Florida’s First Coast features a bounty of chefs with offerings that satisfy the most discerning of tastes. From food festivals in Amelia Island to food and drink tours in St. Augustine, foodies will love Northeast Florida.
Amelia Island/Fernandina Beach
Amelia Island has some wonderful food festivals during the year. One, the Annual Fish to Fork festival each May, is sponsored by Omni Amelia Island Plantation Resort, where chefs showcase their fishing and culinary skills with the Atlantic Ocean as a backdrop. The resort’s executive chef, Daven Wardynski, emulating this annual event, created a way to serve lunch on the beach with steel drum barrels serving as cooking pits. The menu features seafood, beer-can chicken, potatoes and corn on the cob.
“We now offer meeting planners this fish-to-fork-inspired option so their attendees can sink their toes in the sand and experience true beach dining,” said Michelle Valle, director of resort marketing.
“Amelia Island’s culinary scene can be the destination’s piece de resistance,” said Amy Boek, director of marketing for the Amelia Island CVB. “The island may only be 13 miles long, but you can find everything, from the AAA Five Diamond restaurant Salt at The Ritz-Carlton, Amelia Island, to locally caught shrimp served up every which way at a variety of chef-owned-and-operated eateries in the historic district. And we have a craft distillery and locally brewed beers to put us on the map.”
Driving south to Jacksonville, visitors can experience another great dining scene.
“From gourmet food trucks to locally owned bistros, menus include fresh seafood caught steps from the restaurant, said Monica R. Smith, vice president of sales and services, Visit Jacksonville. “The highlight of any visit, Jacksonville’s food culture is a great mix of Southern comfort food, fresh ingredients and modern trends.”
Paul Cohn, director of events at Hyatt Regency Jacksonville Riverfront, said his groups are asking for hyper-local ingredients featuring items grown close to, or even inside, the hotel.
“At Hyatt, we are dedicated to using responsibly grown, locally sourced products,” he said. “We choose responsible farming, which means we know our farmers and suppliers. In fact, their team has organized a farmers market experience right on the river. We also invite attendees to take part in cooking, or hosting food and beverage competitions that are great ways to build relationships and provide that elevated personal touch.”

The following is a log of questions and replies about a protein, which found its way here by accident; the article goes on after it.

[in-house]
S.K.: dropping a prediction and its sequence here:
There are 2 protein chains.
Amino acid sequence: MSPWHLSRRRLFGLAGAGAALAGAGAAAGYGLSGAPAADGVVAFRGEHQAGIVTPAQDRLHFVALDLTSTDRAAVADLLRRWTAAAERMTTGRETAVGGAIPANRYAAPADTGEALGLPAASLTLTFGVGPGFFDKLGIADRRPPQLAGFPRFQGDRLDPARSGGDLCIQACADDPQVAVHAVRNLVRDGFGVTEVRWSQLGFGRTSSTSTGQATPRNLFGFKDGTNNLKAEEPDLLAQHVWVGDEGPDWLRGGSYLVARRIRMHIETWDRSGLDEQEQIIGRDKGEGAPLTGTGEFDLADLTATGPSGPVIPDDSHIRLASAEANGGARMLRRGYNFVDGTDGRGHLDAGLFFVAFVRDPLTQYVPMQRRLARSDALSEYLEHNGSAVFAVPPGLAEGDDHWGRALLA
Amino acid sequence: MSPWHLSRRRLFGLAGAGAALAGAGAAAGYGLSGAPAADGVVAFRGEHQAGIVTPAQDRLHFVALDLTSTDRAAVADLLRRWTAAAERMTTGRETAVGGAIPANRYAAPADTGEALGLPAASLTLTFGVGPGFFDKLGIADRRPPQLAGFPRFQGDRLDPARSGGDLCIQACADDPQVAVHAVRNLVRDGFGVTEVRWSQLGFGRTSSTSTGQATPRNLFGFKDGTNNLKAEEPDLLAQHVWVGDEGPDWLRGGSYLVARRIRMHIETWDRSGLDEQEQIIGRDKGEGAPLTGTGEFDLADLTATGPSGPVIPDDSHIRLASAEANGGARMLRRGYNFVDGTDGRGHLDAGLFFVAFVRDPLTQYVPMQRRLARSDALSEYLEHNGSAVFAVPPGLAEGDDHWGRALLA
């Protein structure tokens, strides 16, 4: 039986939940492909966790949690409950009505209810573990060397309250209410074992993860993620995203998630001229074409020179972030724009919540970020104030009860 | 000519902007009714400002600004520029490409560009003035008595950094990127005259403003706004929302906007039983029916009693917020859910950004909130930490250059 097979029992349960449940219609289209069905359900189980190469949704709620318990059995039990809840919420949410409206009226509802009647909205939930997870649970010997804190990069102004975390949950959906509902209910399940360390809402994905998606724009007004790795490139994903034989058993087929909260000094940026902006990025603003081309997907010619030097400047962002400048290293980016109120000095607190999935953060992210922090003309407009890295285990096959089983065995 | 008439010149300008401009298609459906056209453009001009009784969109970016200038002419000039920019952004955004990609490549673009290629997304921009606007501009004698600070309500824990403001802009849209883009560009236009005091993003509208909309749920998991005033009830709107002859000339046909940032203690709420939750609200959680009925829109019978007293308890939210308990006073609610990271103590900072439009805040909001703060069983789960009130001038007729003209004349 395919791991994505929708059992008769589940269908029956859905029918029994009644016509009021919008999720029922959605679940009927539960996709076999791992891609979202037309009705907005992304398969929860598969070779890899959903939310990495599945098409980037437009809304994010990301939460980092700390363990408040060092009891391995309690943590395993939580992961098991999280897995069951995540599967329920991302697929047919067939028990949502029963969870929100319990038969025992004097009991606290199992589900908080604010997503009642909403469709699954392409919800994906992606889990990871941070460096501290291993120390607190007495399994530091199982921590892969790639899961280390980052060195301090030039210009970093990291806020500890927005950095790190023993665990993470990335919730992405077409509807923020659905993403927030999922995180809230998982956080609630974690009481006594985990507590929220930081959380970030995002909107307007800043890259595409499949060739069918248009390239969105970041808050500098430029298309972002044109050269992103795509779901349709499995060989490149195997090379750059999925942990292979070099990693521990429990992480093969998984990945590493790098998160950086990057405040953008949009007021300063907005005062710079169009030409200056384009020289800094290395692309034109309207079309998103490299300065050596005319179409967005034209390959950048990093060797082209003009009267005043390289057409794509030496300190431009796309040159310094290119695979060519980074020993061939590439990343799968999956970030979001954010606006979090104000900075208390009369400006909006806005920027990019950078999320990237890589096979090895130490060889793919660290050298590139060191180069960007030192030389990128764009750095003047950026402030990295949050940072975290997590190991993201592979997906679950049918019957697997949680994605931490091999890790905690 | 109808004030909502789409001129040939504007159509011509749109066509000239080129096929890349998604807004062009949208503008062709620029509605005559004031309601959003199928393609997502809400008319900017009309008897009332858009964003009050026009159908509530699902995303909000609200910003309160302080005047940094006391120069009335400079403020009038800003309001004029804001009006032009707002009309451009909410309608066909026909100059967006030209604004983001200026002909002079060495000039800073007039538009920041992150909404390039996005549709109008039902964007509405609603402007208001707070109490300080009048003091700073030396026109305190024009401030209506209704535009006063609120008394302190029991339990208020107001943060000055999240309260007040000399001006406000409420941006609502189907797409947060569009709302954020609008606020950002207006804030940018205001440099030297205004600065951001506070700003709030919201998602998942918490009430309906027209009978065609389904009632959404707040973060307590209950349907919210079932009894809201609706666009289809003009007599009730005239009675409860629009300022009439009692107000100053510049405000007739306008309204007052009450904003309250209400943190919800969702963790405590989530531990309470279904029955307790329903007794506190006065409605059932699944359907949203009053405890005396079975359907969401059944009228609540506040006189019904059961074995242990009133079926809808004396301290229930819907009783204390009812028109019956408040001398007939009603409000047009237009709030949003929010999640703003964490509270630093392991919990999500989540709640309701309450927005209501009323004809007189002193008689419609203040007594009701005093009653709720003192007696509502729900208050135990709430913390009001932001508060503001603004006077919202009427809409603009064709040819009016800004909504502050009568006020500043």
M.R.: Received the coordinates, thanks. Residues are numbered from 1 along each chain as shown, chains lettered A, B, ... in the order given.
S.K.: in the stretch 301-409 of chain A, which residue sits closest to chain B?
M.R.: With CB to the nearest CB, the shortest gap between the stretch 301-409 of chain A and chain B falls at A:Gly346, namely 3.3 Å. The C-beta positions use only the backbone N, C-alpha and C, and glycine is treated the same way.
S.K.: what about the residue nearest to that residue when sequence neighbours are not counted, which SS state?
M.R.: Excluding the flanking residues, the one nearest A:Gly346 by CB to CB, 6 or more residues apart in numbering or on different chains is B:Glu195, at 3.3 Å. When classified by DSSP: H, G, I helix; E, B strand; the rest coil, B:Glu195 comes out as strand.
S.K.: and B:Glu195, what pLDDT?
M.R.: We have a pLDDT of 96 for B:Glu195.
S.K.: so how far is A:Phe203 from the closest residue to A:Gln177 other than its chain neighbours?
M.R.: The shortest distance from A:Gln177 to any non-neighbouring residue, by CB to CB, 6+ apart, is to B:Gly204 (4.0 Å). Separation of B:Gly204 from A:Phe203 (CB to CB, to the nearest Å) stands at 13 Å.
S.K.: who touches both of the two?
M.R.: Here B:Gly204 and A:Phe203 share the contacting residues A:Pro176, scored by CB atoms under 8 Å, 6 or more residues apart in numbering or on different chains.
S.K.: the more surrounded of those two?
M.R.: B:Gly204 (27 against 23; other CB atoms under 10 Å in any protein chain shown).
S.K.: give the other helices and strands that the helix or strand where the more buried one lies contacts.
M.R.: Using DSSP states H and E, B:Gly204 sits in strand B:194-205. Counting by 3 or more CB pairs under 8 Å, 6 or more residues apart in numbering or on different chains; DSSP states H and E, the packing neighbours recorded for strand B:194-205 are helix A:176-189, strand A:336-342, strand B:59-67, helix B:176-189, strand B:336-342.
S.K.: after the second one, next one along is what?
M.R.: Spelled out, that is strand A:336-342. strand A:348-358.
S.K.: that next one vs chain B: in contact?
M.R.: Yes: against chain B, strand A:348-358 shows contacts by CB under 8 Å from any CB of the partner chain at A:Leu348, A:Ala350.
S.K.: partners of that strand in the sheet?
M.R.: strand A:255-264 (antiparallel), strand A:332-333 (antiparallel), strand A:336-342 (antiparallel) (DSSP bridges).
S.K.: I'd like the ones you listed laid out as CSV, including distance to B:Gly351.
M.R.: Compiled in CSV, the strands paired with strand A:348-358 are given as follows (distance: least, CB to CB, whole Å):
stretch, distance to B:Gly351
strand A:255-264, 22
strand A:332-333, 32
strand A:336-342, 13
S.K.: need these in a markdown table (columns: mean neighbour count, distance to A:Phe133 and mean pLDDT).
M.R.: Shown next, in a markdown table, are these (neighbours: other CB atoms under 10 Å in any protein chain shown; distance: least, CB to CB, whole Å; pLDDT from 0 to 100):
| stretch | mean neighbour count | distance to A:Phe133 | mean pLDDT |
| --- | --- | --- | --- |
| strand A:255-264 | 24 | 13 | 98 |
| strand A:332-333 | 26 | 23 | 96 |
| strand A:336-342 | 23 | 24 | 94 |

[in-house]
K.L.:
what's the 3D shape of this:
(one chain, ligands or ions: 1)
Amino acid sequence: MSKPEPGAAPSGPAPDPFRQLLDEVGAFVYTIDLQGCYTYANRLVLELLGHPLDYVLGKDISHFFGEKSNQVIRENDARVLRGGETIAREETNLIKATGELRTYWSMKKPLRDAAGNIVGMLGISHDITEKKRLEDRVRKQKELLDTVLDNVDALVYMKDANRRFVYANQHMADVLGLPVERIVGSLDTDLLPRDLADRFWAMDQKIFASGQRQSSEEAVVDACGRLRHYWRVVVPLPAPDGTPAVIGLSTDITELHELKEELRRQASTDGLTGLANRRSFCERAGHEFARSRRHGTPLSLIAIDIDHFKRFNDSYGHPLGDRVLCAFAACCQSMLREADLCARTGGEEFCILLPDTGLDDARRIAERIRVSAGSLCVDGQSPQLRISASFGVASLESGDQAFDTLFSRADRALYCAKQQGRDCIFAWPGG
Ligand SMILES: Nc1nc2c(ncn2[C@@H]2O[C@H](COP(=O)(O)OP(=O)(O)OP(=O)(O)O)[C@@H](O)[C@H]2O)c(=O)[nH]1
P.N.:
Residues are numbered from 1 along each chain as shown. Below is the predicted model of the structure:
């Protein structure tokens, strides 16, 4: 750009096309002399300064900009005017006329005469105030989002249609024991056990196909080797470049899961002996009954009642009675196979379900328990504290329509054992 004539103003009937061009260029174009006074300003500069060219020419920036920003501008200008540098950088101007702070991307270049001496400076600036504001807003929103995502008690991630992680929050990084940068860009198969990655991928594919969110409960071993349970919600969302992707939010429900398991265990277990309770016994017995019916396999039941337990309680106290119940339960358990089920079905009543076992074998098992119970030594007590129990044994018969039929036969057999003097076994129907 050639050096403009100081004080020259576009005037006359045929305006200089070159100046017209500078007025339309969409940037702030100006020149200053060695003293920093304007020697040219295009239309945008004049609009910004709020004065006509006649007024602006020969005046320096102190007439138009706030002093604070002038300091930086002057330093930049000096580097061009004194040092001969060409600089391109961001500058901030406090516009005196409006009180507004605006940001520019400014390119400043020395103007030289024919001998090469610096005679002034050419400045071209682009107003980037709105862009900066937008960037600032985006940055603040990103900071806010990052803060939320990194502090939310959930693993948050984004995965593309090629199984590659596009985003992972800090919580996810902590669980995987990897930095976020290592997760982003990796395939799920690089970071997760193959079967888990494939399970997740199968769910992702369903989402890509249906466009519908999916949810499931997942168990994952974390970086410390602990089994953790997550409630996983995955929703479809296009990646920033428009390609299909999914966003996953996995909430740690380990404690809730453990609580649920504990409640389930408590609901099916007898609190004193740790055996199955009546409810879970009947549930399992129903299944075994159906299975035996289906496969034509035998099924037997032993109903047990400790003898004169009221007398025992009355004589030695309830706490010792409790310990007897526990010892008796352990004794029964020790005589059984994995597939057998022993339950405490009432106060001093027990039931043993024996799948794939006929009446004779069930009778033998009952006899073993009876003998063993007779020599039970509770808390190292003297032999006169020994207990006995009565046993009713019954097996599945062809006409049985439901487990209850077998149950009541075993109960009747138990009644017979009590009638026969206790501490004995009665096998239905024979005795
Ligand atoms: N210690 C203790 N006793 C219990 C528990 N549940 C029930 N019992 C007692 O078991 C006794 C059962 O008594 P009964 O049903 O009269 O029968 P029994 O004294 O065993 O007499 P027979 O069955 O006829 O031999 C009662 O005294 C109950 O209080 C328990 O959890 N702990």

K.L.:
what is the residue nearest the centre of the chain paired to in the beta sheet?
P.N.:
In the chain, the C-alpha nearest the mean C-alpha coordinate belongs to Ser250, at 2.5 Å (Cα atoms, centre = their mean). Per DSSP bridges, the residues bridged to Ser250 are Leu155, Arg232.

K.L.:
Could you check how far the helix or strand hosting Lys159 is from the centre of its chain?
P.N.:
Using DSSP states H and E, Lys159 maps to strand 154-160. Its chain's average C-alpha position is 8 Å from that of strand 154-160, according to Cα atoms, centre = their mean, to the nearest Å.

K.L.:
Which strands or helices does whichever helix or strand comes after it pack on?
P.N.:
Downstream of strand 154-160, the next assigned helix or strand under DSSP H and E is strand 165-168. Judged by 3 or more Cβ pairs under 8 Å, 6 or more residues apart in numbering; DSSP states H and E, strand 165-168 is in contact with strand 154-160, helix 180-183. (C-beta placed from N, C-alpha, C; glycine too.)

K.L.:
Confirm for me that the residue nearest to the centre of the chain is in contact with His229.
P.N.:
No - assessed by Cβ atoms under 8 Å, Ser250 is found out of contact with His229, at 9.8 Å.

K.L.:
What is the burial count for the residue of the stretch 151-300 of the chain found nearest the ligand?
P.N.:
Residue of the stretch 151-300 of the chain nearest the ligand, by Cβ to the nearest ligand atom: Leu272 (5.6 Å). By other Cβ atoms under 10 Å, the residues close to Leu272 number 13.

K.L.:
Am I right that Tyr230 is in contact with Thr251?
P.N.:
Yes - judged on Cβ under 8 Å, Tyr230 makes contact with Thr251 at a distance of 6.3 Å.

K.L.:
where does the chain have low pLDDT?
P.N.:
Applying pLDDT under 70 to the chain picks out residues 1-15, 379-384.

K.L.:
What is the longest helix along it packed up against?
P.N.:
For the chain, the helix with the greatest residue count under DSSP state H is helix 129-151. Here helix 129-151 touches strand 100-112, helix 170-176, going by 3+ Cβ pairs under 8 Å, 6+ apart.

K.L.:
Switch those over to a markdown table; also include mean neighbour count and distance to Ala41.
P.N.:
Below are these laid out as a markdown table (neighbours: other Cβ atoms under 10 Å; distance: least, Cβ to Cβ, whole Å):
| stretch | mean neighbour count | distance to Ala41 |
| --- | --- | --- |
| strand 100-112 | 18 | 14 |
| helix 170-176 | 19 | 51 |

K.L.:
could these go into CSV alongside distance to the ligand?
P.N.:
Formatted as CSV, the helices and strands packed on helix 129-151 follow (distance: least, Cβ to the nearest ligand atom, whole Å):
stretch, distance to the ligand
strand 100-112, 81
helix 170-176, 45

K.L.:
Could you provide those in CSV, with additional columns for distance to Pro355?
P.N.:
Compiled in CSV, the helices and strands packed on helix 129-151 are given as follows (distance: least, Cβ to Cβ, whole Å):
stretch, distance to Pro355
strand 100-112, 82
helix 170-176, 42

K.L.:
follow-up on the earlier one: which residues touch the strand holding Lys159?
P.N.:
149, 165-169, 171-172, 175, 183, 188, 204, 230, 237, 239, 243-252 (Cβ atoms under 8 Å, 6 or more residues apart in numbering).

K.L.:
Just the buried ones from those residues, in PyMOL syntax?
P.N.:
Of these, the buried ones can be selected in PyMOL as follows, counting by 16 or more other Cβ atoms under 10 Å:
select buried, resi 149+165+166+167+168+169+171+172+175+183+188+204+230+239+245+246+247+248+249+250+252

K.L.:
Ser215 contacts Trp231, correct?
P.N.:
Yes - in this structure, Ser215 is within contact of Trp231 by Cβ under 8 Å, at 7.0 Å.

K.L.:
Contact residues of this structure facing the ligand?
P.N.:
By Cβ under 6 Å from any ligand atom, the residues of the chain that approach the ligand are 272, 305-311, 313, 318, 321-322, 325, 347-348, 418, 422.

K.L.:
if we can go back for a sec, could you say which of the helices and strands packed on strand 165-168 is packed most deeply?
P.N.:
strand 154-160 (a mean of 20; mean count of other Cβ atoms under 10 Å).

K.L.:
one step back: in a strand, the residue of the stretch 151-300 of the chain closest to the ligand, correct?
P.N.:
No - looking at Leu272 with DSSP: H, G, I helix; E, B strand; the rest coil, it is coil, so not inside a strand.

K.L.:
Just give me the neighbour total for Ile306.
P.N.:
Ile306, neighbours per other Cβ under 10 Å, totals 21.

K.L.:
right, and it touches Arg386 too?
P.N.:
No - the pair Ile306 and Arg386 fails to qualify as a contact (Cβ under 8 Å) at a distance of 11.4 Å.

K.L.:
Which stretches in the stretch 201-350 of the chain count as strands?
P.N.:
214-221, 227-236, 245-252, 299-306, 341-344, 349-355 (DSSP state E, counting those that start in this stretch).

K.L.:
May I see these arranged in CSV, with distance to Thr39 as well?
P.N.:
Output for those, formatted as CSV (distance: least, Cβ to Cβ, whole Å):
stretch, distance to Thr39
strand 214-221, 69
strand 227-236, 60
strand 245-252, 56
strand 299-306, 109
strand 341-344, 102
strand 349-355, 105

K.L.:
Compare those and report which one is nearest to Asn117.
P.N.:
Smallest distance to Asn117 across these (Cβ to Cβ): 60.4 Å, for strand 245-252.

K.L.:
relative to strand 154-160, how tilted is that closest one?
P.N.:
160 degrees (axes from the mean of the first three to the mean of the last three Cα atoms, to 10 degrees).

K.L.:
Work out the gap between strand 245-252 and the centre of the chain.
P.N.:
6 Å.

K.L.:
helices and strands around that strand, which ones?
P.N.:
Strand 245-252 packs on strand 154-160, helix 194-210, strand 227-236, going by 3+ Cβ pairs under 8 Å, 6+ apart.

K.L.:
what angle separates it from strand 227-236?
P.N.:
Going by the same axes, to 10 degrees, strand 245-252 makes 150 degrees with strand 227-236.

In the historic San Marco section of Jacksonville, Matthew’s Restaurant offers a cooking school that is ideal for smaller teambuilding groups. For more formal events, the Wine Room seats up to 60 guests for a plated event and 75 guests for a cocktail-style reception. Other top restaurants in the area that cater to groups include Bistro Aix and Orsay.
Ponte Vedra, St. Augustine and the Beaches
Ponte Vedra Inn & Club offers groups a new interactive dining experience in its bustling kitchen’s signature restaurant, Seahorse Grille. Guests experience the ultimate front-row seat at the experiential Chef’s Table at the end of the cooking line. Seating only four, diners learn secrets and tips while the chef curates an exclusive, tailored seasonal menu for each group—whether a 10- or four-course meal, complimented by unique wine pairings. Groups can also take advantage of the resort’s location for an al fresco meal on the beach or golf course.
Azurea, the signature restaurant of One Ocean Resort & Spa, has established its own food and wine personality on the shores of Atlantic Beach, providing an elegant, artfully inspired atmosphere, with an ocean view accessible from any seat in the house. The resort features meeting rooms such as Pristina, with 1,550 square feet, to fit 120 for a reception, 110 for a banquet.
At the Sawgrass Marriott Golf Resort & Spa in Ponte Vedra, guests can discover the on-property garden and hydroponic growing stand. The herbs, like Spanish lavender and ginger mint, are harvested here for the dinner table and the spa. The resort’s chef, Matt Sanchez, works with the property’s own beehives, producing its own honey.
“Historic St. Augustine features a burgeoning dining scene,” said Kathy Catron, director of communications at St. Augustine, Ponte Vedra and The Beaches Visitors & Convention Bureau. “We have such a wide diversity of food: Spanish, Cuban, Peruvian and Italian, and we’re known for our year-round food festivals like the Taste of St. Augustine, our annual outdoor food festival featuring ‘tastes’ from over 25 participating restaurants,” Catron said.
There’s no shortage of tours in the area delighting guests. One is in the St. Augustine Distillery, once an ice manufacturing plant, and offers free tours of the mixing, mashing, cooking and distillation process of its premium small-batch vodka, rum, gin and whiskey. The distillery also offers a unique space for private events accommodating up to 40 in the tasting room and up to 60 in the museum and theater.
At the famed Hammock Beach Resort, Jason Neff, director of food & beverage, noted that each of its restaurants has a signature dish.
“At the Ocean Bar, the lobster salad sandwich, at Delfinos, it’s the 28-ounce Tomahawk steak for two,” he said. “Atlantic Grille features an incredible charred octopus dish, and Loggerheads just released a new gastro pub style menu that features croque monsieur from our new chef who hails from France. We also have some of the most talented sushi chefs in Florida at our sushi bar. Even if the guest is craving something as simple as a great burger, we offer the Hammock Beach Burger at most of our outlets as well.”
Neff explained they always suggest fresh seafood options to meeting professionals.
“Few culinary offerings taste better than locally caught seafood,” he said.